second middle name is my maiden name. So they thought we were choosing
a hyphenated last name a few times.
I've never had any legal or official issues. If a form indicates that it must be
the full/complete/legal name then we use all four names (such as on my
son's passport and social security card).
Less official forms often don't have room for both middle names, so we just
either leave them both out, abbreviate with two middle initials, or very
occasionally just use one.
No problems or concerns at all, unless it bothers you to not fit perfectly into
all prepared forms!
I think you can give your child 12 middle names if you want.
I do have some experience with this. When I married, I
choose to take my husband's last name. I didn't want a
hyphenated last-name, but I did not wish to give up my full
maiden name. So I have two ''middle'' names. My middle name
given at birth, and my maiden name. The only thing to note
is that many, many, many forms and applications will only
accept one middle name or initial. And this will most
certainly default to whatever name is ''first'' among the
a woman with two middle names
We gave our son two middle names (a given name, and my last name) since we
didn't want to burden him with a hyphenated name, but we wanted my last
name in there too. He's now 9, and to be honest, I'm still a little confused about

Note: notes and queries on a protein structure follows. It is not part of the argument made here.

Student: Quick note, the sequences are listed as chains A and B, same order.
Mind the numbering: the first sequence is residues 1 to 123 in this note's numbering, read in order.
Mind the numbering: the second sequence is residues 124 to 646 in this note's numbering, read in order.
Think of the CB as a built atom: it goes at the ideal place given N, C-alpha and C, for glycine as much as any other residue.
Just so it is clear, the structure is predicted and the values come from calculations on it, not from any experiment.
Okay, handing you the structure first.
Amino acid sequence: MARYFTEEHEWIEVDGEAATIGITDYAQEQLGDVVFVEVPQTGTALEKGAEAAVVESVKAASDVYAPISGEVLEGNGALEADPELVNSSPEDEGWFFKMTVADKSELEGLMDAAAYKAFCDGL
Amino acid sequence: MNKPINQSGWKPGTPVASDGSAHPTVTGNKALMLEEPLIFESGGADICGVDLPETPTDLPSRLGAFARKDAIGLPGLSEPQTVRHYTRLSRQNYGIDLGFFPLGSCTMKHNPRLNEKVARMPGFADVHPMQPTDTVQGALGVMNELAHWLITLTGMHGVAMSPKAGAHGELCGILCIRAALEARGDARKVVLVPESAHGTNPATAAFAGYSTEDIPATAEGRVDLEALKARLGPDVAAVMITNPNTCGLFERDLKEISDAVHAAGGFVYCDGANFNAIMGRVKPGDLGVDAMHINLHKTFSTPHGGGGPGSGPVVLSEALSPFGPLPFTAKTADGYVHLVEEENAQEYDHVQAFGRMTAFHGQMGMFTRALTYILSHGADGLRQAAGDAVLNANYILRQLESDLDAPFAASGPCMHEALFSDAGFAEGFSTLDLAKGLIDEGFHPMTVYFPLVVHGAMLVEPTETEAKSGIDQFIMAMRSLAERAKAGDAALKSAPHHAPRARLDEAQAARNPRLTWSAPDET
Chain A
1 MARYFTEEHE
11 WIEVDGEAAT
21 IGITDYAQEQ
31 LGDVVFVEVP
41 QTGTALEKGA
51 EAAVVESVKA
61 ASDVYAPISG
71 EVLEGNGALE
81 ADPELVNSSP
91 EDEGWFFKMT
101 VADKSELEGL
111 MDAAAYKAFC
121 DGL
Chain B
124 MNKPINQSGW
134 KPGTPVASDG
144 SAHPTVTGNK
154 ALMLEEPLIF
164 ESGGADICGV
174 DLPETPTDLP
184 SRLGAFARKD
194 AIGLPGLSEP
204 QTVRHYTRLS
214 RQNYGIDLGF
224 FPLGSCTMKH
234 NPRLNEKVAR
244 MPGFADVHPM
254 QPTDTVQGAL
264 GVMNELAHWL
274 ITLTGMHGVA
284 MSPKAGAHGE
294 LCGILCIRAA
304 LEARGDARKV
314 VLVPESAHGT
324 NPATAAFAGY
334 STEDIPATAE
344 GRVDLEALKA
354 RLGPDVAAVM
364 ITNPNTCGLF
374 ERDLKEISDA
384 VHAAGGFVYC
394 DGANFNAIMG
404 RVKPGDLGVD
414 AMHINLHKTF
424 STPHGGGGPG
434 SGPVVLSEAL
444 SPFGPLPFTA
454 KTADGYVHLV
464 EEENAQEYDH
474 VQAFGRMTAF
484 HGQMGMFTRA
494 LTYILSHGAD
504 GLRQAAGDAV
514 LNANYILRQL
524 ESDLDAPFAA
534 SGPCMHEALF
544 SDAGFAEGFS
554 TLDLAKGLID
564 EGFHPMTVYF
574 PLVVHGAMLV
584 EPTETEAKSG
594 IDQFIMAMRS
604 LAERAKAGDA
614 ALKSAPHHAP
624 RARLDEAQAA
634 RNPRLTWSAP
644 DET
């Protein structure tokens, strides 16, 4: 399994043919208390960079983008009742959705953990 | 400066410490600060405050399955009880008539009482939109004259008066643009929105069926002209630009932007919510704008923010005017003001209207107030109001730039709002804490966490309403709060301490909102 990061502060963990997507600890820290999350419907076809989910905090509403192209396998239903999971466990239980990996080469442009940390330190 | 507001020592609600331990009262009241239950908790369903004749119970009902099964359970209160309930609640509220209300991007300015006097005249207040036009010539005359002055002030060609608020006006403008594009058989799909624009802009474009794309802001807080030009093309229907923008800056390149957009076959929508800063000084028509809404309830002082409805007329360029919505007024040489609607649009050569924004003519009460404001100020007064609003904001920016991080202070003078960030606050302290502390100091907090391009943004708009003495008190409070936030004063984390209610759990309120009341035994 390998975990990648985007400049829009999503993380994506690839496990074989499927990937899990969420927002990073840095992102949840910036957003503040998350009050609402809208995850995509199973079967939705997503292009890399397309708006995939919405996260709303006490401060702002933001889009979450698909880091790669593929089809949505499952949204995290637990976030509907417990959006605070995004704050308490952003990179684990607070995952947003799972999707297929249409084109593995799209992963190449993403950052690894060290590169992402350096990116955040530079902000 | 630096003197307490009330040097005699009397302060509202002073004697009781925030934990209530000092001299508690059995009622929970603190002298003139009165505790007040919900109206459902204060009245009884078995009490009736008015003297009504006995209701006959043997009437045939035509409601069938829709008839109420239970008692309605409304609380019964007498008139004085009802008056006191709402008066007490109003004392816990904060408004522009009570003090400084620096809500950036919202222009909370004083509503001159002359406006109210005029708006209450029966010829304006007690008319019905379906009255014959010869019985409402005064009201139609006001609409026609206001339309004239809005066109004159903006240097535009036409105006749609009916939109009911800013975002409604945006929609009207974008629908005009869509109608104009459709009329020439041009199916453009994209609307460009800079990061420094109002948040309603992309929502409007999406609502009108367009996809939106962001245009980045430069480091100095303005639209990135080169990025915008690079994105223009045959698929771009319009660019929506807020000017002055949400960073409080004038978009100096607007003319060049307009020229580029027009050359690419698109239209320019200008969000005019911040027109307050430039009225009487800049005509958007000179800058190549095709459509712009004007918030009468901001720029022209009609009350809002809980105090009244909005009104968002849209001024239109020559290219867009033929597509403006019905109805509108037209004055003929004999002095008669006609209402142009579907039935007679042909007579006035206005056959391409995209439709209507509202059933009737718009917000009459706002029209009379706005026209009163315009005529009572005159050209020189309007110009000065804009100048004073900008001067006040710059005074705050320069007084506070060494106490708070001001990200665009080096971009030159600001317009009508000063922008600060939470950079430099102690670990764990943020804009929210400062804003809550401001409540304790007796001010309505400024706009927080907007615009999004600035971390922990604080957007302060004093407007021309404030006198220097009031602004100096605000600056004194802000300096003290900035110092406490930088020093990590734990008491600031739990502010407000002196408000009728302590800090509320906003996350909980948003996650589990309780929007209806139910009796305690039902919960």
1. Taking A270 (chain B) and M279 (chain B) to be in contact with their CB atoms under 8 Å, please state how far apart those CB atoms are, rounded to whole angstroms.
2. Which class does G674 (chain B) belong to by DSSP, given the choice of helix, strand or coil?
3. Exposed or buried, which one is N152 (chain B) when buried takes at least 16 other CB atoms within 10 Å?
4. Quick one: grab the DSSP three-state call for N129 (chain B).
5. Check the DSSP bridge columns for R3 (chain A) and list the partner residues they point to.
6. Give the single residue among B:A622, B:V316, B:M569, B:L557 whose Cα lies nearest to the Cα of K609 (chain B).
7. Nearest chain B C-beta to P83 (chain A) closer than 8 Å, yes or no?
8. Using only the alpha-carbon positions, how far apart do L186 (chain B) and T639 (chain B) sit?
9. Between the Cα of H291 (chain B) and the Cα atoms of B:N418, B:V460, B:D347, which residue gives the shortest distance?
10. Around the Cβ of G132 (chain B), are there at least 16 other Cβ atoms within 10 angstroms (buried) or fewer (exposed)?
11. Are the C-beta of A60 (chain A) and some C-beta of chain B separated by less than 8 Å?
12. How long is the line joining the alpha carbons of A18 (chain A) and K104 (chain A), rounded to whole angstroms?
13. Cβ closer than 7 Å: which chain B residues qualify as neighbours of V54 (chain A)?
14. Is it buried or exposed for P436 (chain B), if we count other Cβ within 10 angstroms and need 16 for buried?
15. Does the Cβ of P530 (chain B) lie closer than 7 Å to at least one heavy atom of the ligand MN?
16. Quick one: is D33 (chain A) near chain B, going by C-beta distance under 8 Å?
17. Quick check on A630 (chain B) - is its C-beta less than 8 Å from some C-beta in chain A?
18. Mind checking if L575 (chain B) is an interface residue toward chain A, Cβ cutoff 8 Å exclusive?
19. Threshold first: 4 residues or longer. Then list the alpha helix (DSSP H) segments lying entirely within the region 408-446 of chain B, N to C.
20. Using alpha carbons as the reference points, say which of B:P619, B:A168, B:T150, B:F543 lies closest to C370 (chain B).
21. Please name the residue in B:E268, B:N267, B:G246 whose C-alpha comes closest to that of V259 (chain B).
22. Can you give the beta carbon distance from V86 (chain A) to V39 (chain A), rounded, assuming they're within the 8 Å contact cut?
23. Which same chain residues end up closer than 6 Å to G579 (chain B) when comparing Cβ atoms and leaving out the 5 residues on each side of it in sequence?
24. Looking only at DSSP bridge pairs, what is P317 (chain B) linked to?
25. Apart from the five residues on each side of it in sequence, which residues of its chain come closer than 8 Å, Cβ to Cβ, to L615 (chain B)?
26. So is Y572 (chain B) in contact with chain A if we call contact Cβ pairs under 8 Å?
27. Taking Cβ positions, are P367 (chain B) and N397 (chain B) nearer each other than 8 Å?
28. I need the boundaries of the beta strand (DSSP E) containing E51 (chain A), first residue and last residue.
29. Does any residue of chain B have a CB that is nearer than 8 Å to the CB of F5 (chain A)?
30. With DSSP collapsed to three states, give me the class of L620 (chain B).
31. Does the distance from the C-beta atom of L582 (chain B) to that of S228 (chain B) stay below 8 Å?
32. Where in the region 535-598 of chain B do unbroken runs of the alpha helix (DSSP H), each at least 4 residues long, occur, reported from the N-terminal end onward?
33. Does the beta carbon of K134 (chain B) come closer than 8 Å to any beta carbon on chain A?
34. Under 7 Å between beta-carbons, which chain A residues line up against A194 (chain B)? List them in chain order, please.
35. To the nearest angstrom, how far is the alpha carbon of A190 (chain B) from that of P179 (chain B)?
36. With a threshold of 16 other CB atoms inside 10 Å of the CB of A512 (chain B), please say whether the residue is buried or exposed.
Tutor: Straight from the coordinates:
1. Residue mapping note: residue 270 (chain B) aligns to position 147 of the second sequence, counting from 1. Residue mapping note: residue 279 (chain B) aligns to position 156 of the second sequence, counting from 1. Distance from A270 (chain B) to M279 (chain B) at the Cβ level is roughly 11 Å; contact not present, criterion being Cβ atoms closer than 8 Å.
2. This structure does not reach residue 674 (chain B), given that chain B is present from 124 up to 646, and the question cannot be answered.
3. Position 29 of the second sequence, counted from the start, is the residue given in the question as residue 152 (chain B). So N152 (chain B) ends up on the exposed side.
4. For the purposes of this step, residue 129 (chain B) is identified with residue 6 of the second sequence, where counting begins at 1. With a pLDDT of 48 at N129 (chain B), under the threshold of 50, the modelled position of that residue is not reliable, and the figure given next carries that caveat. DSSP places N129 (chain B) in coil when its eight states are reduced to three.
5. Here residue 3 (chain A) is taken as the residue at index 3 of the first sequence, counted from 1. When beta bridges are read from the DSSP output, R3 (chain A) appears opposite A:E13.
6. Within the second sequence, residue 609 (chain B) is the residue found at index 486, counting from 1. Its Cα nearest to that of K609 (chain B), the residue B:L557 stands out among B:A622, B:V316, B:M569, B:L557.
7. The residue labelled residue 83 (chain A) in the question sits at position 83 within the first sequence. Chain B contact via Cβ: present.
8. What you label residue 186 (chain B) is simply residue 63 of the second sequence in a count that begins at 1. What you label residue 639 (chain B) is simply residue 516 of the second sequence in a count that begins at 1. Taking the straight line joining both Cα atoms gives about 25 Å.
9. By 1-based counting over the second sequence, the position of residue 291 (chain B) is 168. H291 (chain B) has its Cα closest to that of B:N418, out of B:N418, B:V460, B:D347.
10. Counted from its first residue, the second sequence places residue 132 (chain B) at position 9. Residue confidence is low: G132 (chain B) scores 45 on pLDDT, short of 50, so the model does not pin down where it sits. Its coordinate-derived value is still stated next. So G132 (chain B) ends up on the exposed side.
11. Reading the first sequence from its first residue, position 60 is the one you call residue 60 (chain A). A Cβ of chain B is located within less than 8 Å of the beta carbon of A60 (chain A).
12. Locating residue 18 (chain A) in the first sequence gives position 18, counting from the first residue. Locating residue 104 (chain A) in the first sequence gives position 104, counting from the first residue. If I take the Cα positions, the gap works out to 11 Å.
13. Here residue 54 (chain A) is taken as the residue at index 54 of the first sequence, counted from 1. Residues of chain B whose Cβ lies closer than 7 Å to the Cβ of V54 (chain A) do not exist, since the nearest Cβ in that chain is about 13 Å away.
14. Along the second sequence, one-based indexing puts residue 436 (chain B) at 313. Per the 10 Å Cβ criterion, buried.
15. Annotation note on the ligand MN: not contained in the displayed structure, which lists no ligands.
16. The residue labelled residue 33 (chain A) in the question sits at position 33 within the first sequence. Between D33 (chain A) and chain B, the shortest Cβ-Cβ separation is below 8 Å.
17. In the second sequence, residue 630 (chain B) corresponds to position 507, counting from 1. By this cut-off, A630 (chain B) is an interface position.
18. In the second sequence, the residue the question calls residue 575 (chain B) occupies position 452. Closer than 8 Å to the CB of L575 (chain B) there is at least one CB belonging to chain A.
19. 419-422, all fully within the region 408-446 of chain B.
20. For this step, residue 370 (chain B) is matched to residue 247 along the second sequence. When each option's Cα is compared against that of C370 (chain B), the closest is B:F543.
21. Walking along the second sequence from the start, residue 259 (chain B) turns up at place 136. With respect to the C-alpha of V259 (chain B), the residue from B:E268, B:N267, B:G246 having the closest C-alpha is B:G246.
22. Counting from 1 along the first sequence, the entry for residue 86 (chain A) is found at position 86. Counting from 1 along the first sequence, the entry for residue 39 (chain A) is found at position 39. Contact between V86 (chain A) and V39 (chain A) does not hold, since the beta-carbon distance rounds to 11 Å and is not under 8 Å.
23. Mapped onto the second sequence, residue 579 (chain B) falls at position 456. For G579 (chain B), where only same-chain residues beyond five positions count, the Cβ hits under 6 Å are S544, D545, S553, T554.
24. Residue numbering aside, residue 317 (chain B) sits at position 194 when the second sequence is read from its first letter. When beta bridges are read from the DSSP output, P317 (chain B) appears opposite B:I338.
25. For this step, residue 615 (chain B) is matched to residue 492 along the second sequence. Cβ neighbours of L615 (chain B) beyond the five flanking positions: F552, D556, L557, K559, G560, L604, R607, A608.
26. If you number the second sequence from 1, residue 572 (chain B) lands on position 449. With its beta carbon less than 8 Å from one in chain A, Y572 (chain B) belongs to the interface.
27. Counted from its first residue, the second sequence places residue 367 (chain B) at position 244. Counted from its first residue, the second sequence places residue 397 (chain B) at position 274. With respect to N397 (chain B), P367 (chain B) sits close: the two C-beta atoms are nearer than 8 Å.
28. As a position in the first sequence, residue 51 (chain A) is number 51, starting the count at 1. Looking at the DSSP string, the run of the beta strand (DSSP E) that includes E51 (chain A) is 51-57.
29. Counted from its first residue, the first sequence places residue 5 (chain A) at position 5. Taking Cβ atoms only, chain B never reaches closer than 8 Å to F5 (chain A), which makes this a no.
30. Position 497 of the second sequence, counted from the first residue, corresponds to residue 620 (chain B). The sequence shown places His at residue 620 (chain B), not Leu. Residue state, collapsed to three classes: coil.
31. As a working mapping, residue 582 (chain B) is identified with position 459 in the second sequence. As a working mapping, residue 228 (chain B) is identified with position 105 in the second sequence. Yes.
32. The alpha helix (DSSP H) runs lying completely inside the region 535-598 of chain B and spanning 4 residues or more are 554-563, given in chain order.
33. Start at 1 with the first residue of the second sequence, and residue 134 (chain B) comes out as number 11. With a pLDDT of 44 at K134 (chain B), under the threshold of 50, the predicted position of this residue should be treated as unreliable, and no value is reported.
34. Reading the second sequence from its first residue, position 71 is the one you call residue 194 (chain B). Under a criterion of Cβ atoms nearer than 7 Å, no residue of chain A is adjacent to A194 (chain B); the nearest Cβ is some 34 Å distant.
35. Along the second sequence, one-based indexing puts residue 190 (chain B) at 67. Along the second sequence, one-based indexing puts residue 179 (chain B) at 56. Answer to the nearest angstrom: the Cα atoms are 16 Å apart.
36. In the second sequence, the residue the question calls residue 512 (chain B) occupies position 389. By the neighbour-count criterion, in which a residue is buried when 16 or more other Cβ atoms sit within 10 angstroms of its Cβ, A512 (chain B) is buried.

what to do when filling in forms, but realistically, there haven't been a lot of
forms to fill out. Maybe he'll run into that later. For now, when a form asks for a
middle name initial, we just give it for the first of the two. I know a young man
who was given two middles, and when I asked he said it hasn't been an issue -
this after all the forms one fills out for college applications, SATs, etc. (The only
thing that surprised us was that after he was born and started getting mail,
generated from the hospital, they took his two middle initials, J. R., and stuck it
behind his name Jr. - you never know how systems will screw things up!)
Our daughter has two middle names and we simply put both
names under ''middle name.'' We have had no problems with
this so far (she is only 18-months-old), and we know several
other children with two middle names.
mom of two middle-namer
I have two middle names, as do both of my sisters and now my
son does too. It's really no big deal -- you just put both